Did you know that babies who breastfeed are less likely to become overweight? Or that moms who breastfeed their babies get back to their pre-pregnancy weight sooner? Those are just two of the many benefits that breastfeeding brings to infants and moms alike. Now during Breastfeeding Awareness Month, it’s the perfect time to learn more about those benefits and what you can do to ensure success in breastfeeding your baby.
July is all about seeing the sights — vacation spots, parades, fireworks, flourishing gardens, ball games and every kind of festival under the sun. But it’s also a month that poses every kind of risk for eye injuries, from errant throws to errant bottle rockets and everything in between. Now during Eye Injury Prevention Month, it’s a good time to learn more about these injuries, how to avoid them, and what to do if one happens to you.
It’s the most common gastrointestinal disorder in the world. Between 25 million and 45 million people in the United States are living with it. It can lead to a poor quality of life, depression and anxiety. And its direct and indirect costs to society exceed $21 billion annually. And yet, irritable bowel syndrome (IBS) is rarely part of the overall healthcare conversation. That makes June, as Irritable Bowel Syndrome Awareness Month, the right time to learn about this widespread and often life-changing issue.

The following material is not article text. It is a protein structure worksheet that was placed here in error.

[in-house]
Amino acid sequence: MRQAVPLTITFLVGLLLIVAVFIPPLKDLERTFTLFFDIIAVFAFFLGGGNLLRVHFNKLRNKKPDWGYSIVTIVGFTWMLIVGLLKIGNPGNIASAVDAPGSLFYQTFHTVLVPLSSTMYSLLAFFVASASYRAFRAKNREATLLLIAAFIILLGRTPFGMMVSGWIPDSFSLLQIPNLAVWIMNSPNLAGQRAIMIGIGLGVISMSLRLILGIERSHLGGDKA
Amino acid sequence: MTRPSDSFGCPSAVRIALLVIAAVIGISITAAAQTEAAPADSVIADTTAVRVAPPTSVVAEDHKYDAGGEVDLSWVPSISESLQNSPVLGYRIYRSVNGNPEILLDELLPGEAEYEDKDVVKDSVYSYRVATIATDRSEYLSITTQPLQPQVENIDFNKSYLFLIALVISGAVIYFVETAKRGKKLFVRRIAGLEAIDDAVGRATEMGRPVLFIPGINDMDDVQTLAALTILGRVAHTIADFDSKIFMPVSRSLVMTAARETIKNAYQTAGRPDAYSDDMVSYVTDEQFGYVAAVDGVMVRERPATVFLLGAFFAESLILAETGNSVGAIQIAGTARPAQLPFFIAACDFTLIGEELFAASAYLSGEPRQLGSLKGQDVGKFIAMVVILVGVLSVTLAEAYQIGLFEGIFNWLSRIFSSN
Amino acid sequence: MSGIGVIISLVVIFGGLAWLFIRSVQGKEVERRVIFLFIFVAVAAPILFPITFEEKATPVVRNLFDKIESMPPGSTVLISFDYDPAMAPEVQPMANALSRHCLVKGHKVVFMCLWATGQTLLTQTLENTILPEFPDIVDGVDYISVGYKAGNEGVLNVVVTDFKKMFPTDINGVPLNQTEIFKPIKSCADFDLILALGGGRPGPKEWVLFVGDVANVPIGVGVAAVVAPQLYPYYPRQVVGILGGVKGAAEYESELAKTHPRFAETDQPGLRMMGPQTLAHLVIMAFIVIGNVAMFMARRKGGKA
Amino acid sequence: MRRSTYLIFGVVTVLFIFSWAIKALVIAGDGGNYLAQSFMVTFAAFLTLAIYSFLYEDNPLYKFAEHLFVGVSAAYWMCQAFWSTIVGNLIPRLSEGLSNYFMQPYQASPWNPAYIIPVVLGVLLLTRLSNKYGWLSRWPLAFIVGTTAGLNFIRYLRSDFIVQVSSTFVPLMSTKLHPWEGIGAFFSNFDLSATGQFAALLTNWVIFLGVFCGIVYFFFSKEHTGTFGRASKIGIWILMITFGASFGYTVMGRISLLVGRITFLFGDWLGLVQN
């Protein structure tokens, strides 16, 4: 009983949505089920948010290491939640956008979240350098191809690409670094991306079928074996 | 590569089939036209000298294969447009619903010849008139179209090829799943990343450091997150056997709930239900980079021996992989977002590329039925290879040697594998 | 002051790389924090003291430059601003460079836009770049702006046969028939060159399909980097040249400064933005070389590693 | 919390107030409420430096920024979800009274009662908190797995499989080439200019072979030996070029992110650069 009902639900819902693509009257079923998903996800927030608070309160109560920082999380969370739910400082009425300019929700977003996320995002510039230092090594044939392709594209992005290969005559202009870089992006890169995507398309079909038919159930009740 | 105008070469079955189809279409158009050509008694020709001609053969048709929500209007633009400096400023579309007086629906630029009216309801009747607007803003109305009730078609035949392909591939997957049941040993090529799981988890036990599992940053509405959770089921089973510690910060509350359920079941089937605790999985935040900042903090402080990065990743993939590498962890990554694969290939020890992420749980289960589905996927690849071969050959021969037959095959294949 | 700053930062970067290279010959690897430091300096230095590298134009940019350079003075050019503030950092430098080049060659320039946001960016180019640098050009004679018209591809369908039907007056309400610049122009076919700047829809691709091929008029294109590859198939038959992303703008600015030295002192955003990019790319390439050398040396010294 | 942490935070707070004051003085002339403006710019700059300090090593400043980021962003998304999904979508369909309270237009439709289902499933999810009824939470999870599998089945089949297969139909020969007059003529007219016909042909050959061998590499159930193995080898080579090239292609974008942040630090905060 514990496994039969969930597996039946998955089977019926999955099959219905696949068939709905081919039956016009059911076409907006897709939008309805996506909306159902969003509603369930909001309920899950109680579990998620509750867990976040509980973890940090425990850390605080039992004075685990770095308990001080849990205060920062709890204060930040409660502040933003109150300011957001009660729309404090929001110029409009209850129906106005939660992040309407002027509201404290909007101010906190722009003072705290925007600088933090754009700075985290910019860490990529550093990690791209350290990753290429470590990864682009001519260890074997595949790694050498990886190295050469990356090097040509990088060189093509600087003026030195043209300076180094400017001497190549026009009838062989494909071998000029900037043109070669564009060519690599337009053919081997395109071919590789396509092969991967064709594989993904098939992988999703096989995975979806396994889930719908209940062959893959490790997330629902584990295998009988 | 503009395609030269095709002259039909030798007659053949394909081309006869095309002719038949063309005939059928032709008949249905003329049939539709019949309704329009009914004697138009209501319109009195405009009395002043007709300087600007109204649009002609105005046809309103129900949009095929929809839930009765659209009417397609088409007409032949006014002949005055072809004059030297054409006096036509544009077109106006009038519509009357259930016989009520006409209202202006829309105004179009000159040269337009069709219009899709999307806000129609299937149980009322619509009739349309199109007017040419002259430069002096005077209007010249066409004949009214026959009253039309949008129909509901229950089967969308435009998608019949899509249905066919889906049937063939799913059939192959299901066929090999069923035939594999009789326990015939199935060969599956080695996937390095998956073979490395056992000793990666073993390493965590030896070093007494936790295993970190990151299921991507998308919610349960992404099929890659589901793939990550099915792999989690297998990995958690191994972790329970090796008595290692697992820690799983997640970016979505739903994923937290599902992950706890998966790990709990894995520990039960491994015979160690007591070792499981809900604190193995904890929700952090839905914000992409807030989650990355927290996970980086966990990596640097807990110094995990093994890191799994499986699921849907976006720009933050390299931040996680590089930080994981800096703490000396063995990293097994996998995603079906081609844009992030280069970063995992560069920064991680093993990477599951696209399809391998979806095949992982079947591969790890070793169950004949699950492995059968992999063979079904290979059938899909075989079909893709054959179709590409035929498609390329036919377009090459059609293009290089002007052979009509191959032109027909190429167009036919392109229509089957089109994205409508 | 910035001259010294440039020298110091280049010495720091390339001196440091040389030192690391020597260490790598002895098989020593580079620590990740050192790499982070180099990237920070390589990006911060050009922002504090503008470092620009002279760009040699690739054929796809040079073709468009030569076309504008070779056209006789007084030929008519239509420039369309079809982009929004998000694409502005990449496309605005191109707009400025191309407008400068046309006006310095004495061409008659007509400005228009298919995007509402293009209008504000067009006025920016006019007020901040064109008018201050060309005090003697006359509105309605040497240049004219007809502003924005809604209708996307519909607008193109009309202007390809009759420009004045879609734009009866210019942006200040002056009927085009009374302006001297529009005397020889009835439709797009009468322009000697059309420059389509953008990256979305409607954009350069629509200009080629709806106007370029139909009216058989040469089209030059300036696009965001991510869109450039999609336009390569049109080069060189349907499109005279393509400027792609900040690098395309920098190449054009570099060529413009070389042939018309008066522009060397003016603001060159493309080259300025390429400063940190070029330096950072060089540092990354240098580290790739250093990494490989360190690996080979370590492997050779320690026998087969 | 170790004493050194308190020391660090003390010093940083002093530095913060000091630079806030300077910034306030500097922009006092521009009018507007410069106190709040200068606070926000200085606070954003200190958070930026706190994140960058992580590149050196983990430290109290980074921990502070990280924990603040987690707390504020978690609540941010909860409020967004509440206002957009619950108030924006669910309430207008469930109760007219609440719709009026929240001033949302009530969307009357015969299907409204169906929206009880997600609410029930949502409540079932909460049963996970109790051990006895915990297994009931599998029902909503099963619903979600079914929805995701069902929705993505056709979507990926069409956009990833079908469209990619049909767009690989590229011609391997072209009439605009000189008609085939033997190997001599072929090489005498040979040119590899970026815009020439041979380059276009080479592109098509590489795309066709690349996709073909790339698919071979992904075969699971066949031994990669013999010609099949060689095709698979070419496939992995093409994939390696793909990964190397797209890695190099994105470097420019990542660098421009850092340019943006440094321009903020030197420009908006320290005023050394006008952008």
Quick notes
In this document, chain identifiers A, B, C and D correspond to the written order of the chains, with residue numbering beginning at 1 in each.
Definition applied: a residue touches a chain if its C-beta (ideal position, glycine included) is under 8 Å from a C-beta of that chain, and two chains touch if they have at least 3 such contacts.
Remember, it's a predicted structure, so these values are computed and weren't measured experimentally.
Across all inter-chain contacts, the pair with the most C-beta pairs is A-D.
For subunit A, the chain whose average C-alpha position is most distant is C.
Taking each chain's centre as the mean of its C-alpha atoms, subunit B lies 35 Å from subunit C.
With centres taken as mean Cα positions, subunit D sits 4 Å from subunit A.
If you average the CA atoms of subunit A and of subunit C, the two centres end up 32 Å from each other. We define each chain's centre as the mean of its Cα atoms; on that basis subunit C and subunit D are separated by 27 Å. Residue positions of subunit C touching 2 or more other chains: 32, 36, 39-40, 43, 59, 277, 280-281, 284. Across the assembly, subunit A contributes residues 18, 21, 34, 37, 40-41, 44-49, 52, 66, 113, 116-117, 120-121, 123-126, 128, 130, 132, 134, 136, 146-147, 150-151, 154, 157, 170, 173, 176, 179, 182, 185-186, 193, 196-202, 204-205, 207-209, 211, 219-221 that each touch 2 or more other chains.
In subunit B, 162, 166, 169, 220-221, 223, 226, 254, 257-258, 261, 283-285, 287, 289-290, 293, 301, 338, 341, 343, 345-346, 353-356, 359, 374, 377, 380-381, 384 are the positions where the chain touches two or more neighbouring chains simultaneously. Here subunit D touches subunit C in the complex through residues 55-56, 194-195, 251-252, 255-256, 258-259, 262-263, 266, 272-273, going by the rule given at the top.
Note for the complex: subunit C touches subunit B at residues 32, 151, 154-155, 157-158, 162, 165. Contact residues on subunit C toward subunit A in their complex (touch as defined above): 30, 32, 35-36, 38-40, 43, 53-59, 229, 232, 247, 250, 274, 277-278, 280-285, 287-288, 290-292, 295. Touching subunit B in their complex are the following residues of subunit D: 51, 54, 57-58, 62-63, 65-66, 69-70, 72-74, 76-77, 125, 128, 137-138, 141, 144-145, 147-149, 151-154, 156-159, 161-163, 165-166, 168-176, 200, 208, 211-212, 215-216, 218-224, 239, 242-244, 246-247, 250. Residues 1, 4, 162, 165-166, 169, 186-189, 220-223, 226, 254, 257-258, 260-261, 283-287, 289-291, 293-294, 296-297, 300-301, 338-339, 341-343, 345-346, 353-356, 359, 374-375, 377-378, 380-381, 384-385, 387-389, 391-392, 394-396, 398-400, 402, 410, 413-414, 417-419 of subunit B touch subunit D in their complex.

Most people are aware of the damage that a stroke can do. But what many may not know is just how frequently that damage is done. Each year, more than 795,000 people in America experience a stroke. Nearly 140,000 of those victims die, making stroke the fifth leading cause of death. And those who survive often face lifelong physical, mental and emotional disabilities — stroke causes more disabilities each year than accidents, diabetes and nervous system disorders like multiple sclerosis.
That’s why American Stroke month is the time to learn what you can do to prevent a stroke, and how to recognize the symptoms to minimize lasting, debilitating aftereffects.
Whether it’s home, work, bills or family issues, virtually all of us experience stress in our lives from time to time. While there is no official, clinical definition of stress, likely the best description is, “emotional, physical or mental strain or tension.” That description applies to millions of Americans, every day.